Community//

How to decide between two job offers

Deciding between two jobs offers is a lot like making the decision of whether to stay in the job you have or go to another job.

Recently I have had some questions about how to decide between two job offers. Each time my answer is basically the same, albeit with some small variation based on the individual set of circumstances. Whilst this can seem like a hard decision, there is actually a formula you can use to make the decision easier.

What seemingly makes the decision between two job offers more difficult is that the offers or jobs themselves are different. For example, the salary for one job might be lower than the other, or the role of one job is less suited to your strengths or the culture at one company has a reputation for being something you are not sure about. There are many potential differences. As long as you can take care of your basic needs (i.e. food and shelter), and find a way to live off of the salaries you are being offered, then truly you only need to focus your decision in one key area.

Focus on getting the best out of you, and career success will follow

The key thing to remember about making career decisions, including which job offer to take, is that you are aiming to place yourself in the best possible environment for you. This means a job that allows you to play to your strengths, with people that you want to work with, for an employer that will value you and everything you bring to the table.

By placing yourself in this type of situation, you give yourself the best opportunity to be successful, which will lead to chances at promotion and increases in salary, not to mention that you will undoubtedly feel happier in what you are doing. I cannot be the only person who feels better about myself and my career when I am doing well in the job am I in and feeling like an appreciated and valued team member.

Answer these three questions to give yourself the best chance at making the right decision

Of course, it is not always possible to judge a potential employer before you actually start in a role, but you do have ample opportunity to gather information that will increase the chance of making a good decision. So next time you need to make a decision like this, make sure you can answer the following questions:

  1. Which employer has a culture which will get the best out of me? To answer this question you have two main data points that can help you. Firstly, during the interview process, you need to make sure you are asking the three critical questions (link to ThriveGlobal article). Secondly, you can use internet search and/or sites like Glassdoor or Indeed to check out the overall rating of the employer, the pros, and the cons.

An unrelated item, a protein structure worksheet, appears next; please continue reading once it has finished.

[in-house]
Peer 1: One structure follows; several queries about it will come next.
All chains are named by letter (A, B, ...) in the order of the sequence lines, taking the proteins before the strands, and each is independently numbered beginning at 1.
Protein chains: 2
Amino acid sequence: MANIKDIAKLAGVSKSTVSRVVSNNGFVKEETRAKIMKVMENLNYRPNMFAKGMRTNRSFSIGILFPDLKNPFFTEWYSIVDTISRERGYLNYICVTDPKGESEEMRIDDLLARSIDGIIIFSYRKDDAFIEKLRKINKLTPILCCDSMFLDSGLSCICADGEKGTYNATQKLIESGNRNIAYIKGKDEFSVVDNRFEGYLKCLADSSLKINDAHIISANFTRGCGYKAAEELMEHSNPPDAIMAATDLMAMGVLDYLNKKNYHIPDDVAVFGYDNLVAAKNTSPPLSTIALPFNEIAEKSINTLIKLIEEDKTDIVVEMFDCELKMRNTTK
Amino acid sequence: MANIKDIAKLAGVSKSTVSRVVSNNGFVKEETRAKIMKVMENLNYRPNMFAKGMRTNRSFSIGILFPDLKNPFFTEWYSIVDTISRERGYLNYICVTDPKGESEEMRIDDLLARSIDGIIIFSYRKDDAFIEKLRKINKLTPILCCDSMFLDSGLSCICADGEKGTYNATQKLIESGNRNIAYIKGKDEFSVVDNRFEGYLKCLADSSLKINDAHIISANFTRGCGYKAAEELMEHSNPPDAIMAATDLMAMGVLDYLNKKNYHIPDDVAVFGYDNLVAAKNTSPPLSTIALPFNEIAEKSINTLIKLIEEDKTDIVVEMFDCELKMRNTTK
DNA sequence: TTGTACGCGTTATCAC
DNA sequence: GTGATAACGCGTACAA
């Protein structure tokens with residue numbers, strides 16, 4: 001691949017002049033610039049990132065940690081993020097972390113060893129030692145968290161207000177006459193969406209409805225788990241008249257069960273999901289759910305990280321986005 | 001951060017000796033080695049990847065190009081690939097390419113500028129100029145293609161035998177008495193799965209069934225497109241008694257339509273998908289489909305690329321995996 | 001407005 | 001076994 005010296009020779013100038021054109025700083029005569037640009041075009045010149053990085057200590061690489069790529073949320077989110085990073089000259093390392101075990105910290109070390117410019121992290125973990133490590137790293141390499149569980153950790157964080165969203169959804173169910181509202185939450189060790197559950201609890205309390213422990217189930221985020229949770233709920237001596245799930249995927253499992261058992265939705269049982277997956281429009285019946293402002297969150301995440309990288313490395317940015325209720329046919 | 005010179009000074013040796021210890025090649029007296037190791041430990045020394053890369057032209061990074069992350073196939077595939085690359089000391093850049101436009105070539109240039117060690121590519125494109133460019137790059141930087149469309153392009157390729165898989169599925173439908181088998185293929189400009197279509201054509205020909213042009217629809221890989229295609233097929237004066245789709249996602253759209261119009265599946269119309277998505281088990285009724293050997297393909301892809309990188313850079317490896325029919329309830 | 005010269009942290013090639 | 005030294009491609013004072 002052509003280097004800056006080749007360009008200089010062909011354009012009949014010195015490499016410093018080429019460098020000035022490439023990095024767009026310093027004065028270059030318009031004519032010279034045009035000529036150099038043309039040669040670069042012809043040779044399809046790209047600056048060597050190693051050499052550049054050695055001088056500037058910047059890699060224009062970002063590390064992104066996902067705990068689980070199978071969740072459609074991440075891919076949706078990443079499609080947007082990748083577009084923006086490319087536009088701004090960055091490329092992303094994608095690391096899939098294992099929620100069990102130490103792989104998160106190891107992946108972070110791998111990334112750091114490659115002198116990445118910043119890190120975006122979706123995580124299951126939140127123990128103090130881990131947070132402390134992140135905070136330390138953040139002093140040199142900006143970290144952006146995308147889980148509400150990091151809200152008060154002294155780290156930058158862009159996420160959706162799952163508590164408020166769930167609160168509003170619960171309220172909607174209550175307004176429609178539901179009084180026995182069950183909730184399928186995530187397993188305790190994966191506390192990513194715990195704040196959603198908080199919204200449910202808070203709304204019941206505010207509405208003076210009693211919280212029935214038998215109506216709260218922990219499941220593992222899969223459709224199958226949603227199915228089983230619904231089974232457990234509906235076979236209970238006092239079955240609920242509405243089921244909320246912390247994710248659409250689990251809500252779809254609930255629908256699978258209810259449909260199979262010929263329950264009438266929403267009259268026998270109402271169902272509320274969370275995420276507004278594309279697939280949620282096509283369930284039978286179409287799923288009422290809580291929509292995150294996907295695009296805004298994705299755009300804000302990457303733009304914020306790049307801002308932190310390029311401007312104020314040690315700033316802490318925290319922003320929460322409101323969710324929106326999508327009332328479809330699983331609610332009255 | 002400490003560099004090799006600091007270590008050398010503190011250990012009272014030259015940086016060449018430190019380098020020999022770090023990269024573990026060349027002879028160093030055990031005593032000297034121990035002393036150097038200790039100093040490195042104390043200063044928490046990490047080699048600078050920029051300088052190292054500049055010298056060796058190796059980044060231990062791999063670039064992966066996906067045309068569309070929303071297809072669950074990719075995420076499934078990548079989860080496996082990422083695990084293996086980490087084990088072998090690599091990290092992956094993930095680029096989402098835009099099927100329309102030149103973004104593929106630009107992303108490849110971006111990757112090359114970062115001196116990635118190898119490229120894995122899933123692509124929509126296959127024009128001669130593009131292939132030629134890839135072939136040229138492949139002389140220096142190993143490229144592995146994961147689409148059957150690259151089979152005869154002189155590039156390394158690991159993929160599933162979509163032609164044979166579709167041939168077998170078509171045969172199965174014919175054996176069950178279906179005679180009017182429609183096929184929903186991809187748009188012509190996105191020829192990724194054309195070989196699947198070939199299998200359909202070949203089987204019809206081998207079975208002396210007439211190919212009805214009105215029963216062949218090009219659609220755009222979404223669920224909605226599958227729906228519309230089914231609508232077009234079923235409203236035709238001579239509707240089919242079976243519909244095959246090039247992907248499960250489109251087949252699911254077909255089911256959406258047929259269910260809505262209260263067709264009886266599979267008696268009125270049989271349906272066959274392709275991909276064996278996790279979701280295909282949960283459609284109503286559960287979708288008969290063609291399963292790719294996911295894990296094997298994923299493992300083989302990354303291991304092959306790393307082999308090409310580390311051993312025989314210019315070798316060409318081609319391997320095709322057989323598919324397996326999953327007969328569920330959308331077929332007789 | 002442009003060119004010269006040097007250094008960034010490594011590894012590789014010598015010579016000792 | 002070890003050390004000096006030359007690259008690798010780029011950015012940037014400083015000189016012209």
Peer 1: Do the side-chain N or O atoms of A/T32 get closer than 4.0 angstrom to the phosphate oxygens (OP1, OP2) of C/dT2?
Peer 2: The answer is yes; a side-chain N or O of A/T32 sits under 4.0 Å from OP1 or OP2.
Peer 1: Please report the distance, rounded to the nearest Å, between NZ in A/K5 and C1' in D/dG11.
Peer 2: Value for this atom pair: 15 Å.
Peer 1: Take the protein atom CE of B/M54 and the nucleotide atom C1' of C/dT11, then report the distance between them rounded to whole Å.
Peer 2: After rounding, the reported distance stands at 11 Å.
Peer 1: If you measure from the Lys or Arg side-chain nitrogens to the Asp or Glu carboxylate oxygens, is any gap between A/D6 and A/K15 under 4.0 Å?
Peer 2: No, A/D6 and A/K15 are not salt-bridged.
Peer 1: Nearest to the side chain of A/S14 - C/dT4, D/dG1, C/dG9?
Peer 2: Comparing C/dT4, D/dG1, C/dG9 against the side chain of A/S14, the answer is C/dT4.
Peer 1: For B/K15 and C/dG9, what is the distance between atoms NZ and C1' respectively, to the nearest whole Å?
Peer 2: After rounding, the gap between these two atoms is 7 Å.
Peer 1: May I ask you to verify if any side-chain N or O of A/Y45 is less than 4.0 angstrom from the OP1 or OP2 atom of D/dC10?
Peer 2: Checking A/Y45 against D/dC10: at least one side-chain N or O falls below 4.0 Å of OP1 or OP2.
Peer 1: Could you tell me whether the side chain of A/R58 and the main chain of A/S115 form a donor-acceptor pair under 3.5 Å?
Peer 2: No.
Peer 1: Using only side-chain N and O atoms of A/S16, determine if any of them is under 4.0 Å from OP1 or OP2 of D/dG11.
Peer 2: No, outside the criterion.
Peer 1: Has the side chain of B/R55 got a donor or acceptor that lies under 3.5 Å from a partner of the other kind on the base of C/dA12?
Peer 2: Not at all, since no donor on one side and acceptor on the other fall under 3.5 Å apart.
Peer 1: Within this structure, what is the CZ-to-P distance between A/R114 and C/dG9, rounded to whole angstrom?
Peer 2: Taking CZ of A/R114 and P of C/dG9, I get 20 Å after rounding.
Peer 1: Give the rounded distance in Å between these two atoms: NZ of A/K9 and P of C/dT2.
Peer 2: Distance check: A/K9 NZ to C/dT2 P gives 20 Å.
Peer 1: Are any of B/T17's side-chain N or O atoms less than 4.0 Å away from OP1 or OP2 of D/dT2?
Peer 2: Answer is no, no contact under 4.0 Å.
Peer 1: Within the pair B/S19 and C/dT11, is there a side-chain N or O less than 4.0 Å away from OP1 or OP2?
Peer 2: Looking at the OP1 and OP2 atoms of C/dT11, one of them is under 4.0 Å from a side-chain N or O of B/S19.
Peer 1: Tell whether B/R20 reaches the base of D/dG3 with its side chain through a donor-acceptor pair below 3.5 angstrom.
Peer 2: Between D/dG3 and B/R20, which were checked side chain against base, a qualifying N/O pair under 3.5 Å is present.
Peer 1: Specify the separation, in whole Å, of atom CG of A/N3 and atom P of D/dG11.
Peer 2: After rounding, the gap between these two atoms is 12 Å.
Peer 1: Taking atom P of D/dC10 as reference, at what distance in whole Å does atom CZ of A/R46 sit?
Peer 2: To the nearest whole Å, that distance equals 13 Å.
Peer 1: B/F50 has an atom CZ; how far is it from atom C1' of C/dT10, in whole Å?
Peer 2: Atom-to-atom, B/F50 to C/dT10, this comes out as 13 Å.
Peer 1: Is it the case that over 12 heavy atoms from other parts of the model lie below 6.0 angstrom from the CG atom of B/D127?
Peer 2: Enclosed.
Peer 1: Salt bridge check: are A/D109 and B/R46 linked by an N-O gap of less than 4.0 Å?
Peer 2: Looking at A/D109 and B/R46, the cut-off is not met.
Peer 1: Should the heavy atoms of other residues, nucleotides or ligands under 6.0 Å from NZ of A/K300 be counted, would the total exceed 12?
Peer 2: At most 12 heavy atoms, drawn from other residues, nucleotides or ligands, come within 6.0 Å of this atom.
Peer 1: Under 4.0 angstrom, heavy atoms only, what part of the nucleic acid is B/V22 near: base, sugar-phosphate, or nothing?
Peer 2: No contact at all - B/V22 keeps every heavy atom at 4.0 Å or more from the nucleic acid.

2. Which employer will provide the best opportunity to grow? This is related to the first question, except here you are focused on assessing the nature of the employer. Is it a start-up with potential, that I can join and establish myself and grow with the company? Is it a company with ambition and vision that will continue to expand and have multiple opportunities? Is it a company which explicitly sells itself as a place where employees have access to many different opportunities? Is it a company that places an importance on training and development? Most of these questions can either be asked at interviews or gleaned from the internet.
  3. Where are you most excited to be? This is a critical question to answer. At the end of the day, I know that personally when I am excited to be somewhere I put in my best work. So make sure you are excited.

So there you have it, answer these questions to give yourself the best chance of long-term success, and to make your decision easier.

As always check out our FB page for the weekly additional insight – this week I give a critical tip for how to make your decision process between multiple job offers even better.

Originally published at 3decisions.com

The Thrive Global Community welcomes voices from many spheres. We publish pieces written by outside contributors with a wide range of opinions, which don’t necessarily reflect our own. Learn more or join us as a community member!
Share your comments below. Please read our commenting guidelines before posting. If you have a concern about a comment, report it here.

Sign up for the Thrive Global newsletter

Will be used in accordance with our privacy policy.

Thrive Global
People look for retreats for themselves, in the country, by the coast, or in the hills . . . There is nowhere that a person can find a more peaceful and trouble-free retreat than in his own mind. . . . So constantly give yourself this retreat, and renew yourself.

- MARCUS AURELIUS

We use cookies on our site to give you the best experience possible. By continuing to browse the site, you agree to this use. For more information on how we use cookies, see our Privacy Policy.